Project Description: Three types of sequence variation have been identified in the JCV genome, and each has been hypothesized to enhance viral virulence and influence PML development.  The best available evidence supports the clinical importance of two of these forms of variation: one that affects the viral promoter – enhancer signals and a second that alters the VP1 gene encoding the major capsid protein.  These two types of variation, unlike genotypic variation that has occurred during long-term association of JCV with its host, are thought to arise anew in each infected individual; the differences are observed in kidney vs. brain forms of the virus.  Questions regarding the mechanisms by which JCV sequence variations influence disease potential either remain unanswered or have given rise to speculations that are highly controversial.  Gaps in our understanding are due, in part, to the (i) limited and difficult culture systems available for propagating JCV variants; (ii) reliance by most labs upon the use of JCV-SV40 constructs and T antigen (Tag) – expressing cells and (iii) failure to evaluate JCV variation in the context of multiple sequence alterations.

 

In this proposal, the propagation of archetype JCV in biologically-relevant cells (e.g. Primary Human Fetal Glial (PHFG) cells and Human Brain Microvascular Endothelial (HBMVE) cells) and PML-type rearrangement of its non-coding control region will be investigated.  The biological relevance of VP1 variants detected in PML tissue will also be examined.  The project will also attempt to determine if early attempts to isolate JCV from PML patients are influenced by the presence of VP1 variants in the diseased brain tissues.

 

Modulation of JC virus (JCV) DNA replication by Nuclear Factor I (NFI/CTF), c-Jun and c-Fos, via interactions with viral T antigen (TAg) and cellular DNA polymerase-α primase (Pol-primase)

Principal Investigator: William R. Folk

Institution: University of Missouri

Co-Principal Investigator: Heinz Peter Nasheuer

Institution: National University of Ireland, Galway

 

Project Description: Despite considerable recent progress in our understanding of PML, we lack understanding of why and how JCV DNA replication is activated from its low level persistent state. Concomitantly, we lack efficient and selective means to block JCV replication when activated from its latent state.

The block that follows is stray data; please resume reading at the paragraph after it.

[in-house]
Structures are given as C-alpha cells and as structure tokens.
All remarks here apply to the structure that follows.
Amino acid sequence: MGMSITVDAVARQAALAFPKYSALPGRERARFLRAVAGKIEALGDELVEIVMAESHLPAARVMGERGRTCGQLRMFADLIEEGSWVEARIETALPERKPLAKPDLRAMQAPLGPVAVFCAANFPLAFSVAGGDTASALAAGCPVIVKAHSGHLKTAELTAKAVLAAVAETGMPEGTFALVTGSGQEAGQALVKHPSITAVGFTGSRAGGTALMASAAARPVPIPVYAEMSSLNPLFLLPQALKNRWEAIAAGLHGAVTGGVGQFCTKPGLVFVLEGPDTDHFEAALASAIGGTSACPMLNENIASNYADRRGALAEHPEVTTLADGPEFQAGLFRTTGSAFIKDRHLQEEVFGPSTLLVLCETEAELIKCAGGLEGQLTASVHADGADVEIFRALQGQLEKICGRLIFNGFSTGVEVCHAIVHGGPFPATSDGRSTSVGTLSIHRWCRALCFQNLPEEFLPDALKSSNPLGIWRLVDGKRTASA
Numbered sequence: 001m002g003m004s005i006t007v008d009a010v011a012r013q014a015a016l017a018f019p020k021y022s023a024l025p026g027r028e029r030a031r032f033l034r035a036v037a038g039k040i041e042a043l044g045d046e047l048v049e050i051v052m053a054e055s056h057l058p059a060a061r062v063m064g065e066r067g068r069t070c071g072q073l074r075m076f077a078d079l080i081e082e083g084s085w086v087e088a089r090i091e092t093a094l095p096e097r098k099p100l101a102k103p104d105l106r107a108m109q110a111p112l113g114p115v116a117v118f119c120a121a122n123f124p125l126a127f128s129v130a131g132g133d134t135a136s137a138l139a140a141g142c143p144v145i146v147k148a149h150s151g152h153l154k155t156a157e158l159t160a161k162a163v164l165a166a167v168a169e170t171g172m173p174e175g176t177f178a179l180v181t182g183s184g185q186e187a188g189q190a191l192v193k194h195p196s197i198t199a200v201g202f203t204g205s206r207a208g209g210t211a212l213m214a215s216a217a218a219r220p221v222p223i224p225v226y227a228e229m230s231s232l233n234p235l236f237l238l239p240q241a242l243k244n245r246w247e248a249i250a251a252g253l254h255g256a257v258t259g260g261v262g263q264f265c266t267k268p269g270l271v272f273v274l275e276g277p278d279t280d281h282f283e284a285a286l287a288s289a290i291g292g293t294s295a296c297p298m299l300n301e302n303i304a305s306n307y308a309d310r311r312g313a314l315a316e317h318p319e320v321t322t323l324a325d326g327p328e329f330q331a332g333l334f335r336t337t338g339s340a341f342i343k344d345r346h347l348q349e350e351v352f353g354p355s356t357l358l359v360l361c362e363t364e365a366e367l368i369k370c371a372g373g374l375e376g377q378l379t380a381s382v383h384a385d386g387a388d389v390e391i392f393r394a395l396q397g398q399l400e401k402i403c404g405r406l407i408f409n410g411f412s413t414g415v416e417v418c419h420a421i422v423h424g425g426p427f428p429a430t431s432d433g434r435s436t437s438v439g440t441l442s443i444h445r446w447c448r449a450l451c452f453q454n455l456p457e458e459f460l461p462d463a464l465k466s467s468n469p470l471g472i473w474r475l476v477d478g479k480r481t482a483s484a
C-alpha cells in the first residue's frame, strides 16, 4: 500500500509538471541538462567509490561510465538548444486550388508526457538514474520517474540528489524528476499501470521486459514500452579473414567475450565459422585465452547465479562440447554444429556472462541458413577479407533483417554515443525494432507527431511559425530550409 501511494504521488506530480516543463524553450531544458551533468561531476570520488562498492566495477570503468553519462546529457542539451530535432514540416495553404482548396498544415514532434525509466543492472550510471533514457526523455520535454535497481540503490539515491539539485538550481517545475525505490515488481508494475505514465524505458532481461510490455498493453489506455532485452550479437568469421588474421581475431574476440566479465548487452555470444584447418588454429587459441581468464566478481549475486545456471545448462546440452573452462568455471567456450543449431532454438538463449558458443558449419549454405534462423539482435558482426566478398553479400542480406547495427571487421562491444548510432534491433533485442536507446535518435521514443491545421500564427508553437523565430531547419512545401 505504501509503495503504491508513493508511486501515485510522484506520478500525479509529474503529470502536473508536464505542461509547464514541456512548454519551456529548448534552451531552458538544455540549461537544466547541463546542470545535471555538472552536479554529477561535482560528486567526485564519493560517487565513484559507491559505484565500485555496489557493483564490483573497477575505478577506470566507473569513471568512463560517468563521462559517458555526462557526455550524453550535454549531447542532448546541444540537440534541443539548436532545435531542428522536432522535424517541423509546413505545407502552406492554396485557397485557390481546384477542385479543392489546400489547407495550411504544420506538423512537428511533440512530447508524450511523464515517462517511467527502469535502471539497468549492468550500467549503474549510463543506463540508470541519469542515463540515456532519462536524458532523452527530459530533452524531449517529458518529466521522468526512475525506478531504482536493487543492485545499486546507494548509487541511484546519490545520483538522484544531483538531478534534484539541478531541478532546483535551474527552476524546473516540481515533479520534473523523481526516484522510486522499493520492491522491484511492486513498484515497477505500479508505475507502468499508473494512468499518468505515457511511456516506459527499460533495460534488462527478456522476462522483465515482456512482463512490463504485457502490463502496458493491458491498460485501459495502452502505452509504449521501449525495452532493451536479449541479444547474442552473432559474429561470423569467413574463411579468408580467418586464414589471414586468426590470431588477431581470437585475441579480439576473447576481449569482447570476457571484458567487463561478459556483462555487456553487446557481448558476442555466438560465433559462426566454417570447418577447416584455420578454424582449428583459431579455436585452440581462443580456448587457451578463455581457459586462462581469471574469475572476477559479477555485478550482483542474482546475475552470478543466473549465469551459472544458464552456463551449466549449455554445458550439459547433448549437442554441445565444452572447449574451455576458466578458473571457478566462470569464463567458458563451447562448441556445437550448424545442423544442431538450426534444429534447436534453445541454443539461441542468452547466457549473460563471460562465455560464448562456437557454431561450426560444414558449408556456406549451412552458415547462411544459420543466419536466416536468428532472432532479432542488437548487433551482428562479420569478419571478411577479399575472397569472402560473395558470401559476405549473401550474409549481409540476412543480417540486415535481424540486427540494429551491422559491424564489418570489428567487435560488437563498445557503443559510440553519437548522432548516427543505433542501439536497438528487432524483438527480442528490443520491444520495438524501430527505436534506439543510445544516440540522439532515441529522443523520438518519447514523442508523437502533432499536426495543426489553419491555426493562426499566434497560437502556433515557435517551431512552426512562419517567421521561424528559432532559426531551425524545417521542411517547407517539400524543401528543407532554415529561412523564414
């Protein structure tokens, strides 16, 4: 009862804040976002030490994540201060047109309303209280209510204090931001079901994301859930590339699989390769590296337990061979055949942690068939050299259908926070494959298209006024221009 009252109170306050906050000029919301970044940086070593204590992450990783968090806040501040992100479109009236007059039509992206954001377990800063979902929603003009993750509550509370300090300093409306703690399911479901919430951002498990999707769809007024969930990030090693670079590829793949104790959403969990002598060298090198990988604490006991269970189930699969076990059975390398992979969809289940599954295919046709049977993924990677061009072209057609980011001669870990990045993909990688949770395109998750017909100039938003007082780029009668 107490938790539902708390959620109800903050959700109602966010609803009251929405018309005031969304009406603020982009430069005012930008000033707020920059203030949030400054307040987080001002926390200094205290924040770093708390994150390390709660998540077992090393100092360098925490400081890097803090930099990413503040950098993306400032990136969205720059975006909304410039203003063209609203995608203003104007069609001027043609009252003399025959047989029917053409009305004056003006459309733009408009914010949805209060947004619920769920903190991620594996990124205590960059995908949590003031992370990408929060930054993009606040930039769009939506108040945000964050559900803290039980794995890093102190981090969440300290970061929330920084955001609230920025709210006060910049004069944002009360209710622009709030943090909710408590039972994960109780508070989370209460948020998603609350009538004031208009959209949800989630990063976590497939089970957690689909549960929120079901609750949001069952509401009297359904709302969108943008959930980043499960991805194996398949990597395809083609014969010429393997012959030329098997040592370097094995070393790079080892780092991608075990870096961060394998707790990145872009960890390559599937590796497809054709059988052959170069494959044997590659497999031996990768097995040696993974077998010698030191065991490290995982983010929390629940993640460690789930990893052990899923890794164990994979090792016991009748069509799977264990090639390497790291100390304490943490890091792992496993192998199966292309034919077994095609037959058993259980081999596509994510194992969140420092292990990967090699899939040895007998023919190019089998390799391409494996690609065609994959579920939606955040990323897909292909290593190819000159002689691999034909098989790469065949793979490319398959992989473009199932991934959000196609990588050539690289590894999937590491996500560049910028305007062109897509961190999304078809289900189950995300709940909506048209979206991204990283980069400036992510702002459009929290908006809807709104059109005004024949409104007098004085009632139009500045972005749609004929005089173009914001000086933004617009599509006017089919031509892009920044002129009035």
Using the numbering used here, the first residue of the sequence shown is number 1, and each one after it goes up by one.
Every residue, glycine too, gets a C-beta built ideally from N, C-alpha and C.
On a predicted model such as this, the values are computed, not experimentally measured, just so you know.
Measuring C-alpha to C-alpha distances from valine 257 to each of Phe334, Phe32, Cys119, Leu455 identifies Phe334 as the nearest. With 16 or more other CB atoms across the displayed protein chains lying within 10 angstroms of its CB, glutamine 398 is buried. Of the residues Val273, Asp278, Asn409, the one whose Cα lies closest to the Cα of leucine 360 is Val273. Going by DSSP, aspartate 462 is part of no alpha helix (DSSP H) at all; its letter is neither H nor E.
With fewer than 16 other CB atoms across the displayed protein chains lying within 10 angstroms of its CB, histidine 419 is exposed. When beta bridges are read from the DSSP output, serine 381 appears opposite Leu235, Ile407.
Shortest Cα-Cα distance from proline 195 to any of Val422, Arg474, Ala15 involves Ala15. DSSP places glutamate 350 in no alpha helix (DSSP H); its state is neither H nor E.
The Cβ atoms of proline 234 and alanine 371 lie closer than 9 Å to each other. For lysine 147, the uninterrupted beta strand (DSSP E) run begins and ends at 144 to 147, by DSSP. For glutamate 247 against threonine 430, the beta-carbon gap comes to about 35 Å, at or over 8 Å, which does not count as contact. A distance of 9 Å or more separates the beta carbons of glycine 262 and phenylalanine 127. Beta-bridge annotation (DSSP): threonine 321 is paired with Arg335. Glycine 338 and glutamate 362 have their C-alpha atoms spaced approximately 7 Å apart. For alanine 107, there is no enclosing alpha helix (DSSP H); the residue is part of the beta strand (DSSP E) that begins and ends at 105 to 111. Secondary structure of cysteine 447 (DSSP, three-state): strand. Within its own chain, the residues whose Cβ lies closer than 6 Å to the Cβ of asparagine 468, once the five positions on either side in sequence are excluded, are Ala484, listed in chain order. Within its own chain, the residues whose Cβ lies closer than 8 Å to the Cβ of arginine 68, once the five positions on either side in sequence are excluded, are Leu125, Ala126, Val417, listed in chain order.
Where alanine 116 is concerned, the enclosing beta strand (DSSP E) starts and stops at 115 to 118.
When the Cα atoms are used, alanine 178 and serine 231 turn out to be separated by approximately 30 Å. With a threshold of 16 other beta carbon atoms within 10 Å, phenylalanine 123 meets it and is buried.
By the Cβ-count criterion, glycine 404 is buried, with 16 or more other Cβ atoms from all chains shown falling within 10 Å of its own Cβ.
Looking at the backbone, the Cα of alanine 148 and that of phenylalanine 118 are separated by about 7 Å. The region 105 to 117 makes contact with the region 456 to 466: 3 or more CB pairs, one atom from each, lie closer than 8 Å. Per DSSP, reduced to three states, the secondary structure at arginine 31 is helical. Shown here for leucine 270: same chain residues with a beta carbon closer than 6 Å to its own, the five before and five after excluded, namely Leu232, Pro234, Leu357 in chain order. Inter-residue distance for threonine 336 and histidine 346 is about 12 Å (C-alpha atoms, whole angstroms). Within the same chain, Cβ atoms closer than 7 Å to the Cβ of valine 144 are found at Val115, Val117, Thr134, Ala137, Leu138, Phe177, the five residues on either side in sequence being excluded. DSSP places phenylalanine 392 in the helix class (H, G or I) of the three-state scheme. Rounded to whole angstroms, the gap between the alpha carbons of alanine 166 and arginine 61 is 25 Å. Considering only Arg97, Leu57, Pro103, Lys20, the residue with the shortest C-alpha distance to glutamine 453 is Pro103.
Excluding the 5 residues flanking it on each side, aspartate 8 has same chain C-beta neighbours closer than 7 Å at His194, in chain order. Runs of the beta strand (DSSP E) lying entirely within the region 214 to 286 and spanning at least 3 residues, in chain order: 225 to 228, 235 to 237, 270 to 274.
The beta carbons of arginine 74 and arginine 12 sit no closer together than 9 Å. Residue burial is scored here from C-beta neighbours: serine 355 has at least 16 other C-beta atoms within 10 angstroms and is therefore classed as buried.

In this proposal, we hypothesized that JCV DNA replication is directly modulated by distinct NFI/CTF isoforms and by AP1 (c-Jun and c-Fos), interacting with the viral TAg (helicase domain) and the cellular Pol-primase subunits.  Defining these interactions and their effects upon viral DNA replication may yield targets for blocking JCV replication and progressive multifocal leukoencephalopathy (PML).

 

To test this hypothesis, we propose to: (i) express and purify proteins required for JCV DNA replication by the in vitro monopolymerase system: JCV TAg, human DNA polymerase-α primase (Pol-primase), Topoisomerase I (TopoI), Replication Protein A (RPA), Nuclear Factor I (NFI) isoforms and AP1 (c-Jun and c-Fos); (ii) characterize the modulation of in vitro JCV DNA replication by NFI isoforms and c-Jun and c-Fos with the monopolymerase system (iii) characterize the modulation in vivo of JCV replication in haematopoietic progenitor KG1 cells and IMR-32 neuroblastoma cells, and (iv) identify the interaction domains between NFI isoforms, c-Jun, c-Fos, JCV TAg and Pol-primase subunits.

 

Adaptive Mechanism of DNA Replication-driven Recombination Alters JCV Control Region Sequences

Principal Investigator: Edward M. Johnson

Institution: Eastern Virginia Medical School

 

Project Description: By what mechanism does the JCV DNA control region become rearranged so that it is able to drive infection of oligodendroglial cells of the CNS? Our hypothesis is that this neurovirulent transformation is due to blocked DNA replication at preferred sequences leading to double-strand breaks followed by homologous recombination within the JCV non-coding control region (NCCR). This recombination facilitates the JCV ability to adapt its replication to different cell types. We further hypothesize that early NCCR sequence changes occur that may predispose a subset of individuals to ultimate PML.

 

To pursue this hypothesis we shall identify the NCCR sequences at which initial alterations conducive to recombination occur and the cell types most prone to such changes. We shall then, using recently developed methods such as DNA replication analysis followed by double-ChIP, identify proteins that are bound to these sites and are essential for NCCR recombination. This will allow the identification of specific proteins as potential biomarkers and pharmacological targets at the sites of their activities.